Some of the defendants, including Masresha Sete (right) and Dr. Fikru Maru (upper center) as was compiled by Ethio trial Tracker
Addis Abeba, March 12/2018 – Judges at the federal high court 19th criminal bench have this morning postponed a key verdict in the case involving 38 defendants charged after having been accused of masterminding the Qilinto prison in Sep. 2016. The court said it was too busy to exhaustively look at documents and adjourned the next hearing to deliver the innocent or guilty verdict on April 24.
IN November 2016, federal prosecutors have charged 38 inmates accusing them of “causing fire and beating 23 prisoners and making them burn” at Qilinto prison, a maximum security prison located in the southern outskirt of the capital Addis Abeba. A fire at the Qilinto prison on September 3, 2016 has caused the death of disputed numbers of inmates and the destruction of, according to prosecutors charge, over 10 million birr worth property.
The case has been dragging in the court since then. Initially the prosecutors have submitted a list of 85 witnesses to testify against defendants. Of these 48 have so far testified while the testimonies from the 28 have been dismissed by the court. However, the prosecutors witness hearing have been marked by several irregularities and inconsistencies including witnesses’ inability to properly identify suspects during witness depositions in the court.
Five pages of report compiled by the independent Human Rights Council Ethiopia was also submitted to the court detailing gross rights violations against the defendants by prison authorities. The defendants have repeated their plea again during the hearing this morning.
From the get go, the charges filed at the Lideta federal high court 19th criminal bench have contradicted the government’s initial statement that 21 inmates have died of suffocation during the fire and two were killed by prison security while trying to escape. The prosecutors said they were charging the 38 inmates, under the file name of inmate Masresha Sete, “for beating” the 23 inmates and making them “to burn to death.” The charge also accuses the inmates of having links to outlawed opposition organizations such as OLF and G7 while in prison and conspiring to start he fire.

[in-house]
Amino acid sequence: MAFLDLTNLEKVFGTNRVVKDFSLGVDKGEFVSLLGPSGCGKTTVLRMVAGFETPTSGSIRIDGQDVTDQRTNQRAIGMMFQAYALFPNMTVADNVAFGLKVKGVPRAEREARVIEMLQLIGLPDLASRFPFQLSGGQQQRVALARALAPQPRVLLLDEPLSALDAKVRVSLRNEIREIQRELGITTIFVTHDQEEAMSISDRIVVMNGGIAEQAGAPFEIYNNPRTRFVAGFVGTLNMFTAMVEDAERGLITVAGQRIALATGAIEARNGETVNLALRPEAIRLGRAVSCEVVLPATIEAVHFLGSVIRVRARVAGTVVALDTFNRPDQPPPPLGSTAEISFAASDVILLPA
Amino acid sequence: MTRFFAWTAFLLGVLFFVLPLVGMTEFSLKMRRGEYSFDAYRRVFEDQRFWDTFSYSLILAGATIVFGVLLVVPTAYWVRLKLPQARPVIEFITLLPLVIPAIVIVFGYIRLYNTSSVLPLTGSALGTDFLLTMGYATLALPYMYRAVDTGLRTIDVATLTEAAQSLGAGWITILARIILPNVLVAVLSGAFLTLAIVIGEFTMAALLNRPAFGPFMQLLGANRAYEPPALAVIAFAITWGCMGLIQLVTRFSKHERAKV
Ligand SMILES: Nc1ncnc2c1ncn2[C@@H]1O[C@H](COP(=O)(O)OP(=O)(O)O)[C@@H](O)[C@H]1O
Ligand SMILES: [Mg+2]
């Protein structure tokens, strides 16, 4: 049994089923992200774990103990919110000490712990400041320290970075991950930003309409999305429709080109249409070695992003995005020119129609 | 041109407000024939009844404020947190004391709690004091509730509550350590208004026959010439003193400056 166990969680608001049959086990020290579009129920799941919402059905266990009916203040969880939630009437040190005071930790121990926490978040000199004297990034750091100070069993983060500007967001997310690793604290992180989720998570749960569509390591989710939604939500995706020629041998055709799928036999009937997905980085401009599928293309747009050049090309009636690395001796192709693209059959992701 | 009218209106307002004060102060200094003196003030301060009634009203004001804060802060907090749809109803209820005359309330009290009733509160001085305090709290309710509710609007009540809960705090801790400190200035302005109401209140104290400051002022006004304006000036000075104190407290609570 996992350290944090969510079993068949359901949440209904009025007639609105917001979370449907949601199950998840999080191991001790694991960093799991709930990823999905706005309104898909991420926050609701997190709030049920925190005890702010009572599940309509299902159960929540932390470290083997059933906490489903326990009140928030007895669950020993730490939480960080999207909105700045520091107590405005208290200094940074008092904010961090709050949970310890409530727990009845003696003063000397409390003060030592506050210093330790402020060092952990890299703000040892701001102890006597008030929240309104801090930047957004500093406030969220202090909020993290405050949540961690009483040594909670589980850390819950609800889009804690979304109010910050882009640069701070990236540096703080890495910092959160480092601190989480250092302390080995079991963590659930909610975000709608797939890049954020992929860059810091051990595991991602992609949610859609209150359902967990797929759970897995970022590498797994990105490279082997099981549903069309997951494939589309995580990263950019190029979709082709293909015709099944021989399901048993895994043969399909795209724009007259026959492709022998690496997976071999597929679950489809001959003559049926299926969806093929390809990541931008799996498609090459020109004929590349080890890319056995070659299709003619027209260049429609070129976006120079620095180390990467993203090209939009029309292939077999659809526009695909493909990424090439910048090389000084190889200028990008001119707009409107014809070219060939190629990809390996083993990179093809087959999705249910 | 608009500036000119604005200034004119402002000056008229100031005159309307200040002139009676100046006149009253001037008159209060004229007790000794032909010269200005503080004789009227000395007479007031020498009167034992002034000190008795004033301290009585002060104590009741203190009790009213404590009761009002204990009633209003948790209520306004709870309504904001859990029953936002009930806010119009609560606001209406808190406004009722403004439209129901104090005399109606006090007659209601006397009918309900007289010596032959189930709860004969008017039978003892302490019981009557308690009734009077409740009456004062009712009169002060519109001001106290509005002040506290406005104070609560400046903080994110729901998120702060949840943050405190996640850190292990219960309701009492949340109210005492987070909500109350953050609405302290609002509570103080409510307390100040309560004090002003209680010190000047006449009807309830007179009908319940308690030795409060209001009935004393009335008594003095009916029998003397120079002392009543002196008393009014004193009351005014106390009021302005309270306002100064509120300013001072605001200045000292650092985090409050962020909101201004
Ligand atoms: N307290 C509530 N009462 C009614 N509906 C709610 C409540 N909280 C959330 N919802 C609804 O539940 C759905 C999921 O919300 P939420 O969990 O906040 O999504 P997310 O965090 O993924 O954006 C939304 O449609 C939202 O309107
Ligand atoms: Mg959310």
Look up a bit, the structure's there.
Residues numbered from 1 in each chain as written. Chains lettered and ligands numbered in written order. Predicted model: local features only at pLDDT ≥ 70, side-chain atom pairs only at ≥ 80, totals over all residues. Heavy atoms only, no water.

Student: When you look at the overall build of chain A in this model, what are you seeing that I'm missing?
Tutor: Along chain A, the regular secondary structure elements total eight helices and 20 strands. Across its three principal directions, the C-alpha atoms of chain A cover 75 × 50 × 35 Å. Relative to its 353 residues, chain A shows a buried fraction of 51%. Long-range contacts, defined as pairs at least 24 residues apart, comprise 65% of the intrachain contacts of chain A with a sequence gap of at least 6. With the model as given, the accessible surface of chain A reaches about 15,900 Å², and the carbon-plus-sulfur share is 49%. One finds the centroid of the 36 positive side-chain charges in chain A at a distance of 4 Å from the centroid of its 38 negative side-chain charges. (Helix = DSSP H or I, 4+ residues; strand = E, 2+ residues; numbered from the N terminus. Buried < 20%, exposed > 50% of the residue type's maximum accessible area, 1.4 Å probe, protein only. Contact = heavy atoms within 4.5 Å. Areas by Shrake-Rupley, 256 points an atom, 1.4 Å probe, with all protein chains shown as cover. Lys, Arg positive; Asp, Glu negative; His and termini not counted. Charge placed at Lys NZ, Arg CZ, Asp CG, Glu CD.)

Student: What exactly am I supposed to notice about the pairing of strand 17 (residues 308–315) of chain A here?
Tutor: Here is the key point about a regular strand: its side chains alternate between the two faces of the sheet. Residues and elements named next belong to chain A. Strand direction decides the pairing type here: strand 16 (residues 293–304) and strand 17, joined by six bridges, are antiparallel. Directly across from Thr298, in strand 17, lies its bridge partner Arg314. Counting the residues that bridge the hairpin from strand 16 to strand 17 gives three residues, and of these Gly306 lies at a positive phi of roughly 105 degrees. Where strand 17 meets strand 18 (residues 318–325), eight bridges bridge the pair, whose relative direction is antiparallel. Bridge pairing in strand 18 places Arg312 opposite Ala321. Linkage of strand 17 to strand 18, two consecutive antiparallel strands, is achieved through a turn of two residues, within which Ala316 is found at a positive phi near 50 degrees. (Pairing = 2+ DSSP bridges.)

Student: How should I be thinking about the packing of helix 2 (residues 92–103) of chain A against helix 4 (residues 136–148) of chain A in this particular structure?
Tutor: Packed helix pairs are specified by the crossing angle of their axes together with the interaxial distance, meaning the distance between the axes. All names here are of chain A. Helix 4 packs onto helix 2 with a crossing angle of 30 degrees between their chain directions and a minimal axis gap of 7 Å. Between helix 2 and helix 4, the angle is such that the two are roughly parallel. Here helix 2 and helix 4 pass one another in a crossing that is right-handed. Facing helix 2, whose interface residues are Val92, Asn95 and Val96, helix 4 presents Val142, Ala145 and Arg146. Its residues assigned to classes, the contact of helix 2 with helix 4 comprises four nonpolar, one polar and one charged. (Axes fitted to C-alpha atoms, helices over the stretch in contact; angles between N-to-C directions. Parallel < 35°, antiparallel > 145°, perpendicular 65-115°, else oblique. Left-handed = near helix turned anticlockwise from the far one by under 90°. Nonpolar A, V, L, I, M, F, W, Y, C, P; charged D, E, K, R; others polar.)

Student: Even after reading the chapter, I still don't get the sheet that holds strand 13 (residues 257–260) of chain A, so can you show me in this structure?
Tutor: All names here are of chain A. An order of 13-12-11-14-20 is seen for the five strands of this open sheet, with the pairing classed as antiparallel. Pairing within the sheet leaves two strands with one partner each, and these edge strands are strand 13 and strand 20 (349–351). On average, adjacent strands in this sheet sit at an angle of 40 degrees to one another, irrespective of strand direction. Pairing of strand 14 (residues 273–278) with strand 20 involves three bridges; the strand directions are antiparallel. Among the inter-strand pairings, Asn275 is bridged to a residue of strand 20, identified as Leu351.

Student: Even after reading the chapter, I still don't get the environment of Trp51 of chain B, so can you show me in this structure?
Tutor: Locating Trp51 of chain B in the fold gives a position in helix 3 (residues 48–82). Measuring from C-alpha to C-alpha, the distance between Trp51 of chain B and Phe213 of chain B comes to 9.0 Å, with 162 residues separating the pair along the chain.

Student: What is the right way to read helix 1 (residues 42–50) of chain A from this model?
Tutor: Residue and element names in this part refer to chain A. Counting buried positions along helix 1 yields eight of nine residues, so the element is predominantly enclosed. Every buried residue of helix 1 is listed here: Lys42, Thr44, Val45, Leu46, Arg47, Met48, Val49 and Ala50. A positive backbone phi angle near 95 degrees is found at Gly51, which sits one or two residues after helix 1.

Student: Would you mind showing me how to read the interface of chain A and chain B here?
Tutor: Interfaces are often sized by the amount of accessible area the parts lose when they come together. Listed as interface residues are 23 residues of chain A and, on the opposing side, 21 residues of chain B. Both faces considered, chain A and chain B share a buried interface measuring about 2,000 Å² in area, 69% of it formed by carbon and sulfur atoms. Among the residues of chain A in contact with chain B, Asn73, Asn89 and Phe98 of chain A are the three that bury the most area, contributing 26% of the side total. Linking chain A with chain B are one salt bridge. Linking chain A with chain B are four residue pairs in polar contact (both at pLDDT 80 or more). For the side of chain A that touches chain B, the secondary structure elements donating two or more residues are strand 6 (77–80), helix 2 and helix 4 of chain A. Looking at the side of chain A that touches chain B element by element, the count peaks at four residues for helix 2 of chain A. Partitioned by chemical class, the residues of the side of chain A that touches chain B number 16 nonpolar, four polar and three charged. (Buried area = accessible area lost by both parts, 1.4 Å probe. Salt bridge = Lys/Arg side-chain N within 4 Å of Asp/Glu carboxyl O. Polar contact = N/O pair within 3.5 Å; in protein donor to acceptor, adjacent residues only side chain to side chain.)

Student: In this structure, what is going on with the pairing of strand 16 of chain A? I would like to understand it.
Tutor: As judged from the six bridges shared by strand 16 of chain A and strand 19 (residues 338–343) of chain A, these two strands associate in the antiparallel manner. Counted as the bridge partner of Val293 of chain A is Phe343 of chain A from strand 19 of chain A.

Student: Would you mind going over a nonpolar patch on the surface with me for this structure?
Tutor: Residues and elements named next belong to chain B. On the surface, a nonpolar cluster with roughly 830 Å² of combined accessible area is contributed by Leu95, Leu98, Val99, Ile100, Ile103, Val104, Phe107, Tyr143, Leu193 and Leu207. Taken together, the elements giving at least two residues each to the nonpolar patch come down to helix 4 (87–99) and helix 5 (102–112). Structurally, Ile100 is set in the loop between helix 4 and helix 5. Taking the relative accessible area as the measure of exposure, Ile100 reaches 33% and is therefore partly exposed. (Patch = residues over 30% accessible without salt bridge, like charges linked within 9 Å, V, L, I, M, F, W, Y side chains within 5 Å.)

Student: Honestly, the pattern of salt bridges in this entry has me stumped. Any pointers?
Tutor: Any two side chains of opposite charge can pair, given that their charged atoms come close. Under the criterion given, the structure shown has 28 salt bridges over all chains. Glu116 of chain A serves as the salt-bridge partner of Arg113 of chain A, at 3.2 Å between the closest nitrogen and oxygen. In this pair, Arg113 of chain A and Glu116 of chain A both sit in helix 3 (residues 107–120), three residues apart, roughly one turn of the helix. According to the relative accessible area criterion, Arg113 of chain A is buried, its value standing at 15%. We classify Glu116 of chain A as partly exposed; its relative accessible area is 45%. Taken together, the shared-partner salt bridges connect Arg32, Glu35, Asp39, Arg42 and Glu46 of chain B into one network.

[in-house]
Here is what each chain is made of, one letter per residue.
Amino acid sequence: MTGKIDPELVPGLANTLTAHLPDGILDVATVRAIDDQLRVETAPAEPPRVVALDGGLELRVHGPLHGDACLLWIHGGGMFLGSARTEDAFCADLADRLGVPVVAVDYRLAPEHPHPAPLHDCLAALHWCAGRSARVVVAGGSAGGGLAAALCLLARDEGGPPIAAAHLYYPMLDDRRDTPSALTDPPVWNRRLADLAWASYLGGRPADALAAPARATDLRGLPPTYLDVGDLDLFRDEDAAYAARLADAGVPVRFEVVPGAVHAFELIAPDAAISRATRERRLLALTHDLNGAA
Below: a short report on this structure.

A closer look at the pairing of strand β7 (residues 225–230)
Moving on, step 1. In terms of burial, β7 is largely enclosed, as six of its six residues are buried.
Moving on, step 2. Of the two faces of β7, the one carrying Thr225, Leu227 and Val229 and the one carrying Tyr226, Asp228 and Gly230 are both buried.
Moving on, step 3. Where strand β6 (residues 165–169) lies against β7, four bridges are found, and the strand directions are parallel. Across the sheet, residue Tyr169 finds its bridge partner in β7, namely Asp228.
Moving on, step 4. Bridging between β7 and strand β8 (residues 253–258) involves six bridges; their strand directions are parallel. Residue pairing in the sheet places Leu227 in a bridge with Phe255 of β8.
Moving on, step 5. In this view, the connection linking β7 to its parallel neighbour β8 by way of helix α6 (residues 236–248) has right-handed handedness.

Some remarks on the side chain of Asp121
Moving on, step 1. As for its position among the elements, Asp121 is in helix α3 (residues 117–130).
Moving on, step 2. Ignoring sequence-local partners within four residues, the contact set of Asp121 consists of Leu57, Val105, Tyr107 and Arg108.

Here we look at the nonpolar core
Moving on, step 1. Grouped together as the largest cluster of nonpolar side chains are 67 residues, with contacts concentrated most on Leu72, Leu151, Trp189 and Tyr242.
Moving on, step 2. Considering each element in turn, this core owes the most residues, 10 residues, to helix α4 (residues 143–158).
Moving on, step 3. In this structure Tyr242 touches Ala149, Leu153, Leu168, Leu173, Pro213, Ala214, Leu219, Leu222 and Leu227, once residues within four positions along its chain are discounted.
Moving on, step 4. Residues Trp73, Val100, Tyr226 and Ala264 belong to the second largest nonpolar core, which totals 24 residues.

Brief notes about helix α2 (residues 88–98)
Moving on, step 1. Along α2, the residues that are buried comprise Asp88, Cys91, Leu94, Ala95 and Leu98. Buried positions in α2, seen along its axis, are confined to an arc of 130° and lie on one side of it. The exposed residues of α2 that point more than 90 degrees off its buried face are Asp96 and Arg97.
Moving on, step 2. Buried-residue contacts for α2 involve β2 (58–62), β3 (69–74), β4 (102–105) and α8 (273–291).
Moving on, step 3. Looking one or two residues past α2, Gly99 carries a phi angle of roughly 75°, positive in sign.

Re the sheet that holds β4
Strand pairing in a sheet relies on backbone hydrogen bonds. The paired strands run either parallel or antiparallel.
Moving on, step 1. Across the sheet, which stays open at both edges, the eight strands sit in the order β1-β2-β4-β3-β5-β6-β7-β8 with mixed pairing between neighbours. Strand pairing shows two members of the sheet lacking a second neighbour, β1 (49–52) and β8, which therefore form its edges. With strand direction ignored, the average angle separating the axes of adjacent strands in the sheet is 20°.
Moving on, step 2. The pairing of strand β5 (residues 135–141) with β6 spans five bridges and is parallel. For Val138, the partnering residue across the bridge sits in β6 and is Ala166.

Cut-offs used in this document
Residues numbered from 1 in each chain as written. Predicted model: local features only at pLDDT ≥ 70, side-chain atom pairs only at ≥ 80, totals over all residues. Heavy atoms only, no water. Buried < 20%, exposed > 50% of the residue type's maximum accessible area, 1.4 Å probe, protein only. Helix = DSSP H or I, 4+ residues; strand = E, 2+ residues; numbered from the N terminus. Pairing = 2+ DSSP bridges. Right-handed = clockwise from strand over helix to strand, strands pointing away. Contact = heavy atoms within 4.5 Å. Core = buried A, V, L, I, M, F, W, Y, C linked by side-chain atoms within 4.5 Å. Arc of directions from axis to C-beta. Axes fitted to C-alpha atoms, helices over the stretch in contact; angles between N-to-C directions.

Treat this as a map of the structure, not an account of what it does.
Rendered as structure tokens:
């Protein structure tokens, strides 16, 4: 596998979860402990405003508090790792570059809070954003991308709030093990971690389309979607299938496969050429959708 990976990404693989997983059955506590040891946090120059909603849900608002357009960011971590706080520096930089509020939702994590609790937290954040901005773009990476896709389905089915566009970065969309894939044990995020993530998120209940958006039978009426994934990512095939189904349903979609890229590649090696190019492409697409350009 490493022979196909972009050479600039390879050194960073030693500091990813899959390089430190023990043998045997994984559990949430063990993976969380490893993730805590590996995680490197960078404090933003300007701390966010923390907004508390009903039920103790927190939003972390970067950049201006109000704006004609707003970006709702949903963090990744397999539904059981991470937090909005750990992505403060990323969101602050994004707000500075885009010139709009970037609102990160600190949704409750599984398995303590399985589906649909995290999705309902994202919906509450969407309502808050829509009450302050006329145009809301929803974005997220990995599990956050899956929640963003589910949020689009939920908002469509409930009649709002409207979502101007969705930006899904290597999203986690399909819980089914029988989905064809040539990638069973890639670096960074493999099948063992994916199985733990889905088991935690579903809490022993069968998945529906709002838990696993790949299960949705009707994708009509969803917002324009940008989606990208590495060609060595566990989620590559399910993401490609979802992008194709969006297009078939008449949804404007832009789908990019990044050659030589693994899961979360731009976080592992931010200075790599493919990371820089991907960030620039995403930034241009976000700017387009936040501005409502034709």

Details of what caused the fire and the number of people killed have therefore remain disputed. On September 4, in an e-mail message received by Addis Standard, an eyewitness who said he was on guard the morning of Saturday Sep 3, said that “armed prison guards were indiscriminately shooting at prisoners”. Most of the prisoners were running “frantically to extinguish the fire,” according to the email from the eye witness. He said he had “seen about five prisoners gunned down in the spot by armed security guards from two different directions,” and added he has helped “18 bodies being taken out of the prison in the late afternoon. As far as I know none of the dead were due to the fire. They all died of gunshot wounds.”
However, an inquiry by the state sanctioned Ethiopia Human Rights Commission claimed that the fire was a “premeditated arson”. In April 2017, the former Commissioner, Dr Addisu Gebregziabher, told the House of People’s Legal and Administrative Affairs Standing Committee that prisoners have smuggled “combustible materials, drugs and lighters,” to start the fire. A charge vehemently denied by all the defendants. The accusation was also debunked from the several witness inconsistencies during the multiple hearings so far.
All the 38 defendants have been charged with other cases before the prison fire and were serving and or being held at the prison during the fire accident. Notable among the defendants are well know heart surgeon Dr. Fikru Maru, who was jailed for corruption and was serving four years and eight months term at the time the prison fire happened. On March 07. the federal Cassation bench overruled the federal Supreme Court’s decision to dismiss the corruption charges against Dr Fikiru and upheld the federal High Court’s sentencing, sentencing and a fine of 60, 000 ETB.
Ethiopian authorities have recently released thousands of political prisoners including key personalities, but none of the 38 defendants have received the amnesty so far. AS